The final 5% challenge – Small providers of alternative technologies can deliver cost-effective superfast broadband
The Government published this week their findings on the feasibility and deployment of 7 test pilots schemes set up to explore alternative technologies and business cases to deploy superfast broadband (24Mib/s) to the hardest-to-reach areas. The report found that non-fibre based suppliers can deliver good quality superfast connections, hybrid solutions are viable technically and commercially and that smaller internet service providers can compete successfully with the larger providers such as BT Openreach to win public procurement contracts.
Under current Government targets, superfast broadband will be available to 95% of UK premises by 2017 thanks to public funding (Broadband Delivery UK scheme). With additional investment, BDUK aims at pushing coverage by a further 1% by 2020. Since June 2014, and against a backdrop of numerous public debates on a potential digital divide between urban and rural areas, Government launched a £8m scheme to investigate the potential for commercial and technical viability as well as expected scalability of 7 projects.
The projects tested in various parts of the country (in at least the 2% lowest premise density areas of the UK) include Avanti and Satellite Internet, who are using superfast-capable satellite; Airwave, Quickline and AB Internet, who are using fixed wireless; and Call Flow and Cybermoor, who are using a mix of fibre and fixed wireless technologies. A full breakdown of the projects can be found here:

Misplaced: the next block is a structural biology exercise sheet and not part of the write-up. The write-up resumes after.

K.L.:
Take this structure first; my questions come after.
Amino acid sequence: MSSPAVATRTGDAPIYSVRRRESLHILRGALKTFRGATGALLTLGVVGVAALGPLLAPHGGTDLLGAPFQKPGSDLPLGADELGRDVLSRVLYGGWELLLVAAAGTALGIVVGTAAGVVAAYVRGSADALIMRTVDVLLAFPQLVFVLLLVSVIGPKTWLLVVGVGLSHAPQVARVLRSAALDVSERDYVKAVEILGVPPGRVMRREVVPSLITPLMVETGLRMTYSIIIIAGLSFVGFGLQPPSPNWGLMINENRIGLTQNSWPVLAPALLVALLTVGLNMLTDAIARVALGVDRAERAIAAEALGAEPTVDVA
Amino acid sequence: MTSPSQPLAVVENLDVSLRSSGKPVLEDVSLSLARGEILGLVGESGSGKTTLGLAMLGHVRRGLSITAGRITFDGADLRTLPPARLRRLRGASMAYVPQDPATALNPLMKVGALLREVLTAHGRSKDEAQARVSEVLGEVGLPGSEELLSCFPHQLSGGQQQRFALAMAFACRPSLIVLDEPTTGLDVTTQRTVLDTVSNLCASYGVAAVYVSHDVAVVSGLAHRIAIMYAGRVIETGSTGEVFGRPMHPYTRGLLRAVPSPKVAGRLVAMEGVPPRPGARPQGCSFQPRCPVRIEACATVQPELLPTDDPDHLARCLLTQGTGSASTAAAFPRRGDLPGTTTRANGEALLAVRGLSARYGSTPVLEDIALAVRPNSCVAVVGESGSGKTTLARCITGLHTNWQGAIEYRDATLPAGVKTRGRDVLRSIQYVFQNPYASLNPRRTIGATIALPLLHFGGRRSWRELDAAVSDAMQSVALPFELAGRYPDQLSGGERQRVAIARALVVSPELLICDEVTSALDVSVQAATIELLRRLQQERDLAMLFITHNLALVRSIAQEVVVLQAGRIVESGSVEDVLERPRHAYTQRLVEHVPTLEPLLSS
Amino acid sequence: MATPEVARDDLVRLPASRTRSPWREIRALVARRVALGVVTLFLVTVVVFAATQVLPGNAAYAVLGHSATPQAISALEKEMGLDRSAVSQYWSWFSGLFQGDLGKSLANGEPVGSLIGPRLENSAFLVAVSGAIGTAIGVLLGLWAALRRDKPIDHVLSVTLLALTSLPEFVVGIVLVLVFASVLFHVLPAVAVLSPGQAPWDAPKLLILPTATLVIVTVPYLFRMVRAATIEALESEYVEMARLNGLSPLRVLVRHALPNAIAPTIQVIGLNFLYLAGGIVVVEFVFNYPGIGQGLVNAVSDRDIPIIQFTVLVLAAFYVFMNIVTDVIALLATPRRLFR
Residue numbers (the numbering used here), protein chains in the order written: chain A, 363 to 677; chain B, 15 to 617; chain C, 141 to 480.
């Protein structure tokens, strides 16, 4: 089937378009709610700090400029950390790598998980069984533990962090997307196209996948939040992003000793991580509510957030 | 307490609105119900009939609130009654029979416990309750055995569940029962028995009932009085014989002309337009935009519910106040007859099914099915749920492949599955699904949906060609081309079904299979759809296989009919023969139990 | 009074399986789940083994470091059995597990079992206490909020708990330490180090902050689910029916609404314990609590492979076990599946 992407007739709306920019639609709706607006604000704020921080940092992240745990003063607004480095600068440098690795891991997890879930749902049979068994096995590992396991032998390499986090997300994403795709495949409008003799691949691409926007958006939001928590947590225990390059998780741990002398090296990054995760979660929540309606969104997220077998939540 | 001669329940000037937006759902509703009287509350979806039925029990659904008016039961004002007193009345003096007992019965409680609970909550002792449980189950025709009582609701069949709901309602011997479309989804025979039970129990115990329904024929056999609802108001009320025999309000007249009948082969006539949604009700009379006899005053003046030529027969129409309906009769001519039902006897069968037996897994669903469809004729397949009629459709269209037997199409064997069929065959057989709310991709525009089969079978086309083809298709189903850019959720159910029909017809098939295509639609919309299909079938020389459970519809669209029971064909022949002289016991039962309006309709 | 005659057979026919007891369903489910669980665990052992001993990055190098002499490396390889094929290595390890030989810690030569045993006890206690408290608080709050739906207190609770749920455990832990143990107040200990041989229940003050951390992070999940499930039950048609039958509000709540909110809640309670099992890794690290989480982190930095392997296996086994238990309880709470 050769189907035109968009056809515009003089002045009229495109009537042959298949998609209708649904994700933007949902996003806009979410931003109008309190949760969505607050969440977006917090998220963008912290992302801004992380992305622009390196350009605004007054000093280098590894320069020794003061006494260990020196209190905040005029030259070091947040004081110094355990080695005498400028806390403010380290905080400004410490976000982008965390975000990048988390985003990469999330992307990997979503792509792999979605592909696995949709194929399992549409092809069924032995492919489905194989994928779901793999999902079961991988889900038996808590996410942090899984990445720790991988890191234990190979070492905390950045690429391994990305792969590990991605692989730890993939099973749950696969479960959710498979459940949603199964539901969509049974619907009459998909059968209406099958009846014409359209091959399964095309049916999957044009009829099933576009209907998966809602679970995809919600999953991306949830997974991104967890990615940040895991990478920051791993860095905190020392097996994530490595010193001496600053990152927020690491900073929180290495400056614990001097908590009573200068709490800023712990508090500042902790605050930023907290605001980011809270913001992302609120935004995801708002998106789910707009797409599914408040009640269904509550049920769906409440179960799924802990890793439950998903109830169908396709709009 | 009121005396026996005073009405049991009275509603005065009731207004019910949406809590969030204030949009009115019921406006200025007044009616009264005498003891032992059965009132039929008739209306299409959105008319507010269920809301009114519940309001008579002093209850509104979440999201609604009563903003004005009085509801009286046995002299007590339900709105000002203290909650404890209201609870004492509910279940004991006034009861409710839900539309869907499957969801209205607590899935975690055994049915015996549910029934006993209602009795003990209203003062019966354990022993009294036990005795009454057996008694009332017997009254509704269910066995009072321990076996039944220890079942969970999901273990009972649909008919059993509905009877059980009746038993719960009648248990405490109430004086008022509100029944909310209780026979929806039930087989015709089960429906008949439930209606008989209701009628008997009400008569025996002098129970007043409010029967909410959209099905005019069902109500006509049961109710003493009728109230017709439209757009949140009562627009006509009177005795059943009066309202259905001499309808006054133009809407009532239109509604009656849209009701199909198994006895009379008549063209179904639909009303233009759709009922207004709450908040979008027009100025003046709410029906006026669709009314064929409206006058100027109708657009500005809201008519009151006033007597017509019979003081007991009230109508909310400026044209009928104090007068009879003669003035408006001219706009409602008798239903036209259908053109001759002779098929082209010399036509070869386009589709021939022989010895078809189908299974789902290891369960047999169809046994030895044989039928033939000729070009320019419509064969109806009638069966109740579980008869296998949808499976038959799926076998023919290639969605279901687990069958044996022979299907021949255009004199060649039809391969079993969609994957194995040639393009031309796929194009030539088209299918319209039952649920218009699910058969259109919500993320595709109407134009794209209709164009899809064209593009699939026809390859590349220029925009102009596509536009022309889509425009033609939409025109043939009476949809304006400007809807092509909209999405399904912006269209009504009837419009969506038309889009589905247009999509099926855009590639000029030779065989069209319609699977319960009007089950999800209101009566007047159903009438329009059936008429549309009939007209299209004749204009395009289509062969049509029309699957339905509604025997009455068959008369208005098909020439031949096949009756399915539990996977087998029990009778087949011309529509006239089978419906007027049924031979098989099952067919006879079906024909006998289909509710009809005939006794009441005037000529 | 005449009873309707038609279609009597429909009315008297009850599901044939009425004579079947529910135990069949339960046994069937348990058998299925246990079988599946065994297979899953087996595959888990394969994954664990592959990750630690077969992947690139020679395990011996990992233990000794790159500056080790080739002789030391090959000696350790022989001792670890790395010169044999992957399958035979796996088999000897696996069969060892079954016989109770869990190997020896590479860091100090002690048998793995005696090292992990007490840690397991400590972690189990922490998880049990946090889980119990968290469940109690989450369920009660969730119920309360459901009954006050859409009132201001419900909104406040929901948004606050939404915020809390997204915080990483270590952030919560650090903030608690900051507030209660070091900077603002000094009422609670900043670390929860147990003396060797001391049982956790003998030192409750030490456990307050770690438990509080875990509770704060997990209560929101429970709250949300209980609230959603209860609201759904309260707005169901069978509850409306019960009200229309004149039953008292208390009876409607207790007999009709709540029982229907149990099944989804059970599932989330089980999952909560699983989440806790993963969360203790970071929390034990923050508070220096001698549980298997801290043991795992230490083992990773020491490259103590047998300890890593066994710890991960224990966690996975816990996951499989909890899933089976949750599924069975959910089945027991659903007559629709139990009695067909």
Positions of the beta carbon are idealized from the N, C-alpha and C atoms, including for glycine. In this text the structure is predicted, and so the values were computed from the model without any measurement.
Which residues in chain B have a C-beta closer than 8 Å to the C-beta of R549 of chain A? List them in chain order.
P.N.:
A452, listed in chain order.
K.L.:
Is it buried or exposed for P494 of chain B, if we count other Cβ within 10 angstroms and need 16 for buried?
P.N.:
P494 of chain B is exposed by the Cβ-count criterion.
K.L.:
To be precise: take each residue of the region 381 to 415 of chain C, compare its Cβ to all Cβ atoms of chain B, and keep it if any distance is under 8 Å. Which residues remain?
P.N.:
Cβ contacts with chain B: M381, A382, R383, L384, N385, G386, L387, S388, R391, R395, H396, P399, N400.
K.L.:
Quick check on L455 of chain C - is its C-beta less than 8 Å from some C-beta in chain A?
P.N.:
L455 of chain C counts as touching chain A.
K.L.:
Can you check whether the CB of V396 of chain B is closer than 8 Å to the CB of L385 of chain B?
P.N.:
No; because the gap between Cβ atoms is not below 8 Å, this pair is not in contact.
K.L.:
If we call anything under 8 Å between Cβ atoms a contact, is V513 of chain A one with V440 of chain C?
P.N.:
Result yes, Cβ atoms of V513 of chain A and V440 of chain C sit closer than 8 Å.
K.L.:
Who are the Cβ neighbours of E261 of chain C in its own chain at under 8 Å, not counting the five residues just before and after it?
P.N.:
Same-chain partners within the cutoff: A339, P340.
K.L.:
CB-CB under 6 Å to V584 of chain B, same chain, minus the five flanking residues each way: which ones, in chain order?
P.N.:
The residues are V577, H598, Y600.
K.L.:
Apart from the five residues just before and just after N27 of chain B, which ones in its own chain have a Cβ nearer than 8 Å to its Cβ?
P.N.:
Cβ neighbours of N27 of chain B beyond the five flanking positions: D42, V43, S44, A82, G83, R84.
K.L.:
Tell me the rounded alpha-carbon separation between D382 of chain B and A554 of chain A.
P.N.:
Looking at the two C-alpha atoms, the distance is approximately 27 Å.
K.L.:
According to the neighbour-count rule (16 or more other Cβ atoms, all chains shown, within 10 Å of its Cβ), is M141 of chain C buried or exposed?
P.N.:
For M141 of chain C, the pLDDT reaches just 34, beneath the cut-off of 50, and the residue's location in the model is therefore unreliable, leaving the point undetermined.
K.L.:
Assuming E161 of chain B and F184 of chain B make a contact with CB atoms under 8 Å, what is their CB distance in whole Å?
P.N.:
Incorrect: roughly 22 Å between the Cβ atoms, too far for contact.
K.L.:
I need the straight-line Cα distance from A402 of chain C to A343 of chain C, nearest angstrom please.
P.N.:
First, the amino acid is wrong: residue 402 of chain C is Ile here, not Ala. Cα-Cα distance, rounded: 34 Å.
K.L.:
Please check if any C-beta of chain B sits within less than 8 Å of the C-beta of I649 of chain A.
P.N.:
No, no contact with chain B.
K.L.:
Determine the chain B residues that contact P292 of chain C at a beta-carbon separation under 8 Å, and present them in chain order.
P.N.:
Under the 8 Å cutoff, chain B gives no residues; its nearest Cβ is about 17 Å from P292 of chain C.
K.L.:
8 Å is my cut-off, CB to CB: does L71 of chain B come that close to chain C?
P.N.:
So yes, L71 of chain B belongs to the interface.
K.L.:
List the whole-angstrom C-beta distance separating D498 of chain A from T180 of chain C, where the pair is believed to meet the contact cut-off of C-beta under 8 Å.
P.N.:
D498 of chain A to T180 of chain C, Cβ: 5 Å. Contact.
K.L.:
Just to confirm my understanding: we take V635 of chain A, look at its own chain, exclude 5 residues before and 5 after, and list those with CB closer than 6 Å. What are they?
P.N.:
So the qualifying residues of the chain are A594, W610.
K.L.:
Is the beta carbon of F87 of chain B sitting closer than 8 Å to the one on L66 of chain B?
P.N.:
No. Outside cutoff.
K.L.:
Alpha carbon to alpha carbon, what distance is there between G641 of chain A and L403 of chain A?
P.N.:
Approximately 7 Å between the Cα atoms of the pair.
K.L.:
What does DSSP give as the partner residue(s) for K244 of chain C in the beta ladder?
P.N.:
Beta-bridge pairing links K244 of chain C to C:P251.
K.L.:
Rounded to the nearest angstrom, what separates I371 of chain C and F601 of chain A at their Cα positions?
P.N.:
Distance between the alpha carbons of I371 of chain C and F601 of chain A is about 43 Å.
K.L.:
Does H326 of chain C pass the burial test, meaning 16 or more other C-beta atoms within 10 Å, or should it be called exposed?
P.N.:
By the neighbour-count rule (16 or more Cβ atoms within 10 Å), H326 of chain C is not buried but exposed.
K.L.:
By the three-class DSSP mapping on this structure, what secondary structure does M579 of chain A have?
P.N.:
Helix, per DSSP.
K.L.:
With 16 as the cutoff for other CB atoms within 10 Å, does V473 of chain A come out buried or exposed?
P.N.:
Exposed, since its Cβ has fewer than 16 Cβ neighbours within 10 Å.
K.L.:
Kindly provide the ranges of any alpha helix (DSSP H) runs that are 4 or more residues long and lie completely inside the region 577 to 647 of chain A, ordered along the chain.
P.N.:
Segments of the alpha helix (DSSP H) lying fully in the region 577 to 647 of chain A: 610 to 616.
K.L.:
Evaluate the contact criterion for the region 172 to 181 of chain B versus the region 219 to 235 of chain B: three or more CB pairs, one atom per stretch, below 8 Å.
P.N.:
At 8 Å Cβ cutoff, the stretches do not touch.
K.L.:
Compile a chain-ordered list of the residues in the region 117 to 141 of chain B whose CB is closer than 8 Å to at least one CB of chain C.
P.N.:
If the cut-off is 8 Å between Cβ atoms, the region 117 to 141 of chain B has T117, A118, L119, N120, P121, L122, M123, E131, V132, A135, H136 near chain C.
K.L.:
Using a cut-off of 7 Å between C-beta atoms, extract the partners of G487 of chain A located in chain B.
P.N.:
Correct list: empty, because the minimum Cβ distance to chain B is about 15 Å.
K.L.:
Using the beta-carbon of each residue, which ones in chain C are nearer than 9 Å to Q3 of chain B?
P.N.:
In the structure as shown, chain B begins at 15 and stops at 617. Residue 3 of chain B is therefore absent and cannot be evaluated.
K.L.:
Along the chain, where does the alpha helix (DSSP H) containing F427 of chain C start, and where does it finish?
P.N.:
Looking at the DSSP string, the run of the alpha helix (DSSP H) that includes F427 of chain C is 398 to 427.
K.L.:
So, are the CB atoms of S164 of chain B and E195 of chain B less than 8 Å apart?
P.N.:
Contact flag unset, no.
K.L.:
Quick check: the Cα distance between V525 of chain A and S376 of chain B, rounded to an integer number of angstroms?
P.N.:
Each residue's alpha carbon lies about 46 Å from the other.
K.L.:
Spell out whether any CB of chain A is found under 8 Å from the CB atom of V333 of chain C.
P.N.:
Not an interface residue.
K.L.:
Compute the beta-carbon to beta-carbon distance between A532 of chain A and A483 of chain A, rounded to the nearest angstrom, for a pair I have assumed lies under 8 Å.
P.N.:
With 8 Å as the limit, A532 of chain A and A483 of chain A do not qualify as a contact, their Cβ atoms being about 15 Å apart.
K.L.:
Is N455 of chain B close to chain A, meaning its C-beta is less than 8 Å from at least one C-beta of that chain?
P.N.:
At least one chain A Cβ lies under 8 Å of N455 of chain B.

The pilot projects found that cost-effective superfast broadband can be delivered by a mix of technologies, and that small providers can fulfil the conditions to win and deliver public procurement contracts including complying with State Aid rules. The pilots highlighted the role that communities play in collaborating with suppliers to create viable commercial conditions for small projects, helping to create bespoke solutions; and the value of creating partnerships with other network providers (e.g. Janet and Network Rail Telecom). The study also found that the pilots were performing well so far in terms of take-up, which is positive news since the viability and scalability of these schemes depend on it.
Interestingly, customer tests revealed that the majority of people in the pilot areas are generally content with a slower (although an improvement on their current connection), cheaper broadband service from the new supplier (packages of 10Mbit/s) rather than opting for superfast. This is a notable finding as the Government recently announced that it will implement a Universal Service Obligation which would be set at 10Mbit/s.
The market test pilots will close in March 2016 and a final report will be published in the following months. The outcomes will continue to inform Government on the best approach to providing superfast broadband coverage in the hardest-to-reach areas.
The BSG will continue to stay engaged in this debate and is organising an event on Monday 29 February 2016 to explore the various approaches to universal access to broadband services.